There are lots of implementations for validating Luhn checksums but very few for generating them. I've come across this one however in my tests it has revealed to be buggy and I don't understand the logic behind the delta variable.

I've made this function that supposedly should generated Luhn checksums but for some reason that I haven't yet understood the generated checksums are invalid half of the time.

```
function Luhn($number, $iterations = 1)
{
while ($iterations-- >= 1)
{
$stack = 0;
$parity = strlen($number) % 2;
$number = str_split($number, 1);
foreach ($number as $key => $value)
{
if ($key % 2 == $parity)
{
$value *= 2;
if ($value > 9)
{
$value -= 9;
}
}
$stack += $value;
}
$stack = 10 - $stack % 10;
if ($stack == 10)
{
$stack = 0;
}
$number[] = $stack;
}
return implode('', $number);
}
```

Some examples:

```
Luhn(3); // 37, invalid
Luhn(37); // 372, valid
Luhn(372); // 3728, invalid
Luhn(3728); // 37283, valid
Luhn(37283); // 372837, invalid
Luhn(372837); // 3728375, valid
```

I'm validating the generated checksums against this page, what am I doing wrong here?

**For future reference, here is the working function.**

```
function Luhn($number, $iterations = 1)
{
while ($iterations-- >= 1)
{
$stack = 0;
$number = str_split(strrev($number), 1);
foreach ($number as $key => $value)
{
if ($key % 2 == 0)
{
$value = array_sum(str_split($value * 2, 1));
}
$stack += $value;
}
$stack %= 10;
if ($stack != 0)
{
$stack -= 10;
}
$number = implode('', array_reverse($number)) . abs($stack);
}
return $number;
}
```

I dropped the $parity variable since we don't need it for this purpose, and to verify:

```
function Luhn_Verify($number, $iterations = 1)
{
$result = substr($number, 0, - $iterations);
if (Luhn($result, $iterations) == $number)
{
return $result;
}
return false;
}
```

**Edit**: Sorry, I realize now that you had almost my entire answer already, you had just incorrectly determined which factor to use for which digit.

My entire answer now can be summed up with this single sentence:

You have the factor reversed, you're multiplying the wrong digits by 2 depending on the length of the number.

Take a look at the Wikipedia article on the Luhn algorithm.

The reason your checksum is invalid half the time is that with your checks, half the time your number has an odd number of digits, and then you double the wrong digit.

For 37283, when counting from the right, you get this sequence of numbers:

```
3 * 1 = 3 3
8 * 2 = 16 --> 1 + 6 = 7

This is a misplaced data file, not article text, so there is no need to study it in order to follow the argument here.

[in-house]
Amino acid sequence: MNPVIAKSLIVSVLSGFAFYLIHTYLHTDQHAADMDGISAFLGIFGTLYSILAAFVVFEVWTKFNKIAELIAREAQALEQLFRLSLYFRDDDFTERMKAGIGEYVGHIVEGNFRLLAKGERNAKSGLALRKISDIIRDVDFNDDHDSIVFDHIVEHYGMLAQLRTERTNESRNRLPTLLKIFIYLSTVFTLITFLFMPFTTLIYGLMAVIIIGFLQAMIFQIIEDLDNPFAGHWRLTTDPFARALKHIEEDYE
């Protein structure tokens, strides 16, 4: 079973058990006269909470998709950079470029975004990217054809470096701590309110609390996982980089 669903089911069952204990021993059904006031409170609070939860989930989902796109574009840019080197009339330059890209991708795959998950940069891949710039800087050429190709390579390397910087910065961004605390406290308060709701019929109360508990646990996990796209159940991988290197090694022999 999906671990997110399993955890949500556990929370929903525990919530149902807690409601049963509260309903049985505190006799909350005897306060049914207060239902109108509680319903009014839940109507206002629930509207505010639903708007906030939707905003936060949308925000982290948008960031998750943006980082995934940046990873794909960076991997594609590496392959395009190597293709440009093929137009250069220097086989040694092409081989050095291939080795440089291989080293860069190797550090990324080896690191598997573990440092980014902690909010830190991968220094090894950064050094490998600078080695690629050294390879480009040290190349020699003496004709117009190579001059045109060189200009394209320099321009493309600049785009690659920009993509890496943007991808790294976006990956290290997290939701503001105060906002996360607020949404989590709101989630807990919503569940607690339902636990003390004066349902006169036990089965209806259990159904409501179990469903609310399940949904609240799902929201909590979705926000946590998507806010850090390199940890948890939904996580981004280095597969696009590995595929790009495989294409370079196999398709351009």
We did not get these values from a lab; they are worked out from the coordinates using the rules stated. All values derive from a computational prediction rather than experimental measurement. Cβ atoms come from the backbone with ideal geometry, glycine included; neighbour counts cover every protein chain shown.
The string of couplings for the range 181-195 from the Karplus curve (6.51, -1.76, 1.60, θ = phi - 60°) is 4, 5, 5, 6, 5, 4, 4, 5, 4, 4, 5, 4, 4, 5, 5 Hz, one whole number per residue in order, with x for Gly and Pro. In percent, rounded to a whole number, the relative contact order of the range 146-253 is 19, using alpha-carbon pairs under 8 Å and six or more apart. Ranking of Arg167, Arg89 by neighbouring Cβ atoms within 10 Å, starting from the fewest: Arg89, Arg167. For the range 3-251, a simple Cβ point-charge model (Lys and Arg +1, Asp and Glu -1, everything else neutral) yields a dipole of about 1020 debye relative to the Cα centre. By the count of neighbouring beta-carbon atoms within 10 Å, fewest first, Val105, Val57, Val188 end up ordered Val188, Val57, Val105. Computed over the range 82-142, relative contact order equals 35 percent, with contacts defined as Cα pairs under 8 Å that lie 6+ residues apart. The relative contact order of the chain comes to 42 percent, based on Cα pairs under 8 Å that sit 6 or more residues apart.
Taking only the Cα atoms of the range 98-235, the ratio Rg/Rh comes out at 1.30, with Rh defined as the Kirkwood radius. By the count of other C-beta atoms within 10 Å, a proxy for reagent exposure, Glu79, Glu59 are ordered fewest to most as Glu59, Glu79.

2 * 1 = 2 2
7 * 2 = 14 --> 1 + 4 = 5
+ 3 * 1 = 3 3
= 20
```

The algorithm requires you to sum the individual digits from the original number, and the individual digits of the product of those "every two digits from the right".

So from the right, you sum 3 + (1 + 6) + 2 + (1 + 4) + 3, which gives you 20.

If the number you end up with ends with a zero, which 20 does, the number is valid.

Now, your question hints at you wanting to know how to generate the checksum, well, that's easy, do the following:

- Tack on an extra zero, so your number goes from xyxyxyxy to xyxyxyxy0
- Calculate the luhn checksum sum for the new number
- Take the sum, modulus 10, so you get a single digit from 0 to 10
- If the digit is 0, then congratulations, your checksum digit was a zero
- Otherwise, calculate 10-digit to get what you need for the last digit, instead of that zero

Example: Number is 12345

- Tack on a zero: 123450
Calculate the luhn checksum for 123450, which results in

`0 5 4 3 2 1 1 2 1 2 1 2 <-- factor 0 10 4 6 2 2 <-- product 0 1 0 4 6 2 2 <-- sum these to: 0+1+0+4+6+2+2=15`

Take the sum (15), modulus 10, which gives you 5

- Digit (5), is not zero
- Calculate 10-5, which gives you 5, the last digit should be 5.

So the result is 123455.

**BAD**

I literally cannot believe how many crummy implementations there are out there.

IDAutomation has a .NET assembly with a MOD10() function to create but it just doesn't seem to work. In Reflector the code is way too long for what it's supposed to be doing anyway.

**BAD**

This mess of a page which is actually currently linked to from Wikipedia(!) for Javascript has several verification implementations that don't even return the same value when I call each one.

**GOOD**

The page linked to from Wikipedia's Luhn page has a Javascript encoder which seems to work :

```
// Javascript
String.prototype.luhnGet = function()
{
var luhnArr = [[0,1,2,3,4,5,6,7,8,9],[0,2,4,6,8,1,3,5,7,9]], sum = 0;
this.replace(/\D+/g,"").replace(/[\d]/g, function(c, p, o){
sum += luhnArr[ (o.length-p)&1 ][ parseInt(c,10) ]
});
return this + ((10 - sum%10)%10);
};
alert("54511187504546384725".luhnGet());
```

**GOOD**

This very useful EE4253 page verifies the check-digit and also shows the full calculation and explanation.

**GOOD**

I needed C# code and ended up using this code project code:

```
// C#
public static int GetMod10Digit(string data)
{
int sum = 0;
bool odd = true;
for (int i = data.Length - 1; i >= 0; i--)
{
if (odd == true)
{
int tSum = Convert.ToInt32(data[i].ToString()) * 2;
if (tSum >= 10)
{
string tData = tSum.ToString();
tSum = Convert.ToInt32(tData[0].ToString()) + Convert.ToInt32(tData[1].ToString());
}
sum += tSum;
}
else
sum += Convert.ToInt32(data[i].ToString());
odd = !odd;
}
int result = (((sum / 10) + 1) * 10) - sum;
return result % 10;
}
```

**GOOD**

This validation code in C# seems to work, if a little unwieldy. I just used it to check the above was correct.

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